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Re: Line styes or patterns in addition to color

From: Gijs Veyfeyken <gijs@anysurfer.be>
Date: Tue, 25 Nov 2014 10:10:10 +0100
Cc: W3C WAI Interest Group <w3c-wai-ig@w3.org>
Message-Id: <5524D890-6CC6-4CF9-8990-98A67A518E6D@anysurfer.be>
To: Phill Jenkins <pjenkins@us.ibm.com>
Provide a legend with checkboxes that shows or hides the lines? 
When certain combinations of color get confusing, the user can simplify the view by hiding some lines. 
And it would be a nice feature for all users. The underground map for example is overwhelming.

Kind regards,

Gijs

---
Gijs Veyfeyken
AnySurfer - towards an accessible internet
http://www.anysurfer.be/en
Brussels - Belgium

> On 25 Nov 2014, at 00:02, Phill Jenkins <pjenkins@us.ibm.com> wrote:
> 
> Yes I have a table of the data and relationships noted in cells as an alternative for users who are blind, but that doesn't solve the problem for the low vision and color-blind users in my opinion. 
> 
> Yes breaking up the images / connections would simplify, but that defeats the purpose of this "complex diagram" at a glance objective. 
> ____________________________________________
> Regards,
> Phill Jenkins,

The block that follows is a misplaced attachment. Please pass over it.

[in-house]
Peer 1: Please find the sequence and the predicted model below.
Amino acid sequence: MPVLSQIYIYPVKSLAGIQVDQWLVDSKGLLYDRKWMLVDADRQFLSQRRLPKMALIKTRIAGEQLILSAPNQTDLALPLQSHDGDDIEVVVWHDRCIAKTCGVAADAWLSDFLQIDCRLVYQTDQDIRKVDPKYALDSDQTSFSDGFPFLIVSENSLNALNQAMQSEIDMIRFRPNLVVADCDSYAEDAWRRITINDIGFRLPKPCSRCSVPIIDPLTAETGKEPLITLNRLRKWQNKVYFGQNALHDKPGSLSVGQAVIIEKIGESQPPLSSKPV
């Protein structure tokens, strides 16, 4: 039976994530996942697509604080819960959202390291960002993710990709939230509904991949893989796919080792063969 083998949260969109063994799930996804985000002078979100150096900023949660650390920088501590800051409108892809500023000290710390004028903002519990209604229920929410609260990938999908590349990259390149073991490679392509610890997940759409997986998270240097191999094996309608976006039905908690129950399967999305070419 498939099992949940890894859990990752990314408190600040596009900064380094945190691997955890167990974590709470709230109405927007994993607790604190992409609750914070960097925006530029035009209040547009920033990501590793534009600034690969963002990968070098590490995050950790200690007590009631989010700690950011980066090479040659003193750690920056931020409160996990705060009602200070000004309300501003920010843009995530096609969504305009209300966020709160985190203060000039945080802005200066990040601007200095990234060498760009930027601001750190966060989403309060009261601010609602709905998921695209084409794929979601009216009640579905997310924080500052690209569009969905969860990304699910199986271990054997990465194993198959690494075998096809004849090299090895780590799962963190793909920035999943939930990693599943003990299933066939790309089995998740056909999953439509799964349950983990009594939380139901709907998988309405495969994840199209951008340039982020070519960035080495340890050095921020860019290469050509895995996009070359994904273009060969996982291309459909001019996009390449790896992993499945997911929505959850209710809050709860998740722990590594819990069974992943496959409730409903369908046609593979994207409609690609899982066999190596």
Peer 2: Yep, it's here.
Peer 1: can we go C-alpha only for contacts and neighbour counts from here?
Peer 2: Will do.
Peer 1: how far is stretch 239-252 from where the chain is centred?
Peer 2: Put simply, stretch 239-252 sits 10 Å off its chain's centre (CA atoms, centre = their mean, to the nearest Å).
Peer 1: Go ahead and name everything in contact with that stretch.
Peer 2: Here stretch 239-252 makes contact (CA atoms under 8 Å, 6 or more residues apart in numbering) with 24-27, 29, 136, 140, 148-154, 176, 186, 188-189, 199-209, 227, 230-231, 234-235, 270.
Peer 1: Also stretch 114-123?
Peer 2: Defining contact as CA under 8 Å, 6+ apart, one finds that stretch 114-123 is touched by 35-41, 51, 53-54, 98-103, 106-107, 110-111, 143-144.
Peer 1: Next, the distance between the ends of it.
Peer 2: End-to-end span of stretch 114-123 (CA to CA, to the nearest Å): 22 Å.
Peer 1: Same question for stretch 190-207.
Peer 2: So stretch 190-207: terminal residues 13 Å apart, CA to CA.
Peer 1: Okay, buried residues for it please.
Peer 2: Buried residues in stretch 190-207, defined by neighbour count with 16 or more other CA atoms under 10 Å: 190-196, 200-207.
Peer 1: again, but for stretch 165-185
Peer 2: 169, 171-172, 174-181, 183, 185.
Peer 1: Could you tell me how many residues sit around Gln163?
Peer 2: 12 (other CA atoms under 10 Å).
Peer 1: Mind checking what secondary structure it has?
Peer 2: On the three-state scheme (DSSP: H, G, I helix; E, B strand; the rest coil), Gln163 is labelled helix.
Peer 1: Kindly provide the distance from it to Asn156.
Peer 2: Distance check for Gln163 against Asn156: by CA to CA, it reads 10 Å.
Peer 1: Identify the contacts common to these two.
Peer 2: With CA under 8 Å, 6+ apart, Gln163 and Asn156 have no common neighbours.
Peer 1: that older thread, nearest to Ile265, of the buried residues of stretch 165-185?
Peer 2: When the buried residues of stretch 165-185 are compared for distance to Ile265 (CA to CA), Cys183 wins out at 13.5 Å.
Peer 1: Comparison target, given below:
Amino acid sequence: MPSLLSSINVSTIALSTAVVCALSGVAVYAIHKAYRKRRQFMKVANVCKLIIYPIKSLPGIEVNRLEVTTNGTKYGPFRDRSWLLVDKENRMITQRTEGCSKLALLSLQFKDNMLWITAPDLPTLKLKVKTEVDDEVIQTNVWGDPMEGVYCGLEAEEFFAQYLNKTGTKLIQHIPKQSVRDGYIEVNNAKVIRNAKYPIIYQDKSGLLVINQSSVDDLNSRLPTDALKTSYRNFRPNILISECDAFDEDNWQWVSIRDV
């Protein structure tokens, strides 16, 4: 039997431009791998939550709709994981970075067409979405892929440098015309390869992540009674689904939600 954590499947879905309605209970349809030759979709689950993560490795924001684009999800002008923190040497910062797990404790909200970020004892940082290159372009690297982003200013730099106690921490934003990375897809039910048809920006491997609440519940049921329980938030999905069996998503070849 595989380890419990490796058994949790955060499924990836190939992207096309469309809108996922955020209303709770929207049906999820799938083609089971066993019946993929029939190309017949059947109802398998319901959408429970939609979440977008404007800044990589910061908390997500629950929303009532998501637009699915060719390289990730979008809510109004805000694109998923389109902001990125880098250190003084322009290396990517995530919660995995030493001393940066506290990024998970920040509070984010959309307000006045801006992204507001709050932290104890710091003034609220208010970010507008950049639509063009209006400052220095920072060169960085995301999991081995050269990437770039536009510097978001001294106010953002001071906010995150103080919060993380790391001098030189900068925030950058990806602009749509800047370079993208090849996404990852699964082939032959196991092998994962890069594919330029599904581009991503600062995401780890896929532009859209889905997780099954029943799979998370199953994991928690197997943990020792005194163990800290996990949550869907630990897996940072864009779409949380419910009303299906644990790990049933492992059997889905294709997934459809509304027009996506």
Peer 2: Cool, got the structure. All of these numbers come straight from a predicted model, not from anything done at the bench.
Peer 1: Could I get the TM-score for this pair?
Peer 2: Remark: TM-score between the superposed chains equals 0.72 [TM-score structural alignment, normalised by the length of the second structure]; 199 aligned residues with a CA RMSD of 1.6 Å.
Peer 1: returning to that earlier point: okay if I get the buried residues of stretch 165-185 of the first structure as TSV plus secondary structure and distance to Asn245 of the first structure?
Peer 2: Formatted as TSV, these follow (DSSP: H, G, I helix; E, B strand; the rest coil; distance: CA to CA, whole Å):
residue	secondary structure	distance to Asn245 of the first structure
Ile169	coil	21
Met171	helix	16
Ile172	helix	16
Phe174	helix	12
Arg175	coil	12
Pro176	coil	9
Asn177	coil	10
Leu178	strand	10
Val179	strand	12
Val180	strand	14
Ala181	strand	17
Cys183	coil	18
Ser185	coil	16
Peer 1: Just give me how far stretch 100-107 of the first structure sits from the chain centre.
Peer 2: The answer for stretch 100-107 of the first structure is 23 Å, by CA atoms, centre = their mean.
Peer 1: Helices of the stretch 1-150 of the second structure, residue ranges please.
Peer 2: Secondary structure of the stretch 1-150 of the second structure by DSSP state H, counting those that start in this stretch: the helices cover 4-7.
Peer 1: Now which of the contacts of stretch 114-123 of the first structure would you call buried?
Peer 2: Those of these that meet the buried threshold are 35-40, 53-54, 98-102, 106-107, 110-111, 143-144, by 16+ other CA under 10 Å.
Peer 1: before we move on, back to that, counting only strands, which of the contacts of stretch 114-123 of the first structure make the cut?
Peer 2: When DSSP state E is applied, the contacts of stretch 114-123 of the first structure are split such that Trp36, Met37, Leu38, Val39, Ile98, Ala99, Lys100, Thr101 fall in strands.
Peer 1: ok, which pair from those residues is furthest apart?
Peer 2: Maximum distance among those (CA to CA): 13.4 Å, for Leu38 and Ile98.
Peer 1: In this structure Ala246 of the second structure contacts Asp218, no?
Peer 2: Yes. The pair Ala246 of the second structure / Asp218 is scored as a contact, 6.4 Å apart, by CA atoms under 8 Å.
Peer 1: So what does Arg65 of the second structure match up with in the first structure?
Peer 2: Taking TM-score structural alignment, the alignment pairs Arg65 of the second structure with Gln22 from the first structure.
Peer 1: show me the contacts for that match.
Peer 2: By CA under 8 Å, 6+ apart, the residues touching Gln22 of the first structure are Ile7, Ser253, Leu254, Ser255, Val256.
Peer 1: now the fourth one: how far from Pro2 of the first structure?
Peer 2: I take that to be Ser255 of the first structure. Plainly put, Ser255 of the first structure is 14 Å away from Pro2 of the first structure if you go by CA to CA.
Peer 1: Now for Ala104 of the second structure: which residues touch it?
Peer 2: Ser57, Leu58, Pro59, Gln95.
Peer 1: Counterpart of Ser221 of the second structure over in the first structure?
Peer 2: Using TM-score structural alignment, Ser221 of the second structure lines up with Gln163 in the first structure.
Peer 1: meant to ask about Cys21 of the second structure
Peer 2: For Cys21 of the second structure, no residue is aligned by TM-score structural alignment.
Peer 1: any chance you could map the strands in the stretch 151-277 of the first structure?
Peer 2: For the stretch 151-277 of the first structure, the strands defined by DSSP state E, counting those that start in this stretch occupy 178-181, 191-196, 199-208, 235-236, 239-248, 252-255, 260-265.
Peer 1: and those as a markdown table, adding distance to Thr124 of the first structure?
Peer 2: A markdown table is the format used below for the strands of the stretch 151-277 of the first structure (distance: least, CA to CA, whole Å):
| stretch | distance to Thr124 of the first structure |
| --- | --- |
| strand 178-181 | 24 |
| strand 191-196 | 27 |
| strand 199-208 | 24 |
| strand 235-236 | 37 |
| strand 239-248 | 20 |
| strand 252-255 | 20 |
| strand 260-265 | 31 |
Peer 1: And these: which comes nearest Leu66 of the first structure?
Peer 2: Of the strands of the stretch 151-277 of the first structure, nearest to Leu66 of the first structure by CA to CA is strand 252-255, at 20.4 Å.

> 
> 
> 
> From:        Madeleine Rothberg <madeleine_rothberg@wgbh.org> 
> To:        Phill Jenkins/Austin/IBM@IBMUS, W3C WAI Interest Group <w3c-wai-ig@w3.org> 
> Date:        11/24/2014 03:32 PM 
> Subject:        Re: Line styes or patterns in addition to color 
> 
> 
> 
> Phill, 
> I would suggest breaking the diagram down into several separate diagrams, each capturing one of the groupings. It might not be as efficient but it will be comprehensible. It might also be useful to have a set of nested lists, in addition to the a graphical presentation. That would be necessary anyway for a blind user. 
> 
> -Madeleine 
> 
> From: Phill Jenkins <pjenkins@us.ibm.com <mailto:pjenkins@us.ibm.com>>
> Date: Monday, November 24, 2014 4:21 PM
> To: Post WAI list <w3c-wai-ig@w3.org <mailto:w3c-wai-ig@w3.org>>
> Subject: Line styes or patterns in addition to color
> Resent-From: Post WAI list <w3c-wai-ig@w3.org <mailto:w3c-wai-ig@w3.org>>
> Resent-Date: Monday, November 24, 2014 4:22 PM 
> 
> Do you have any examples or references for the following:
> 
> 1. I have a group of boxes and they need to be related 10 different ways with line connectors.  For example, one top box is an international collection of the sub boxes connected to it.  Another top box is only a local collection of sub boxes connected to it.  So the color and line type is different showing a different relationship; international verses local, etc.  I have 10 different ways these boxes are related: international, local, North America, South America, European only, Africa, etc.   
> 
> 2. Each connector (relationship line) also has 4 or more different states or status: Suspended, Active, Future, and Expired, etc.
> 
> I was thinking of using the dash and dotted line styles to represent the states, such as 
>        Dotted for Suspended 
>        Dashed for Expired 
>        Solid for Active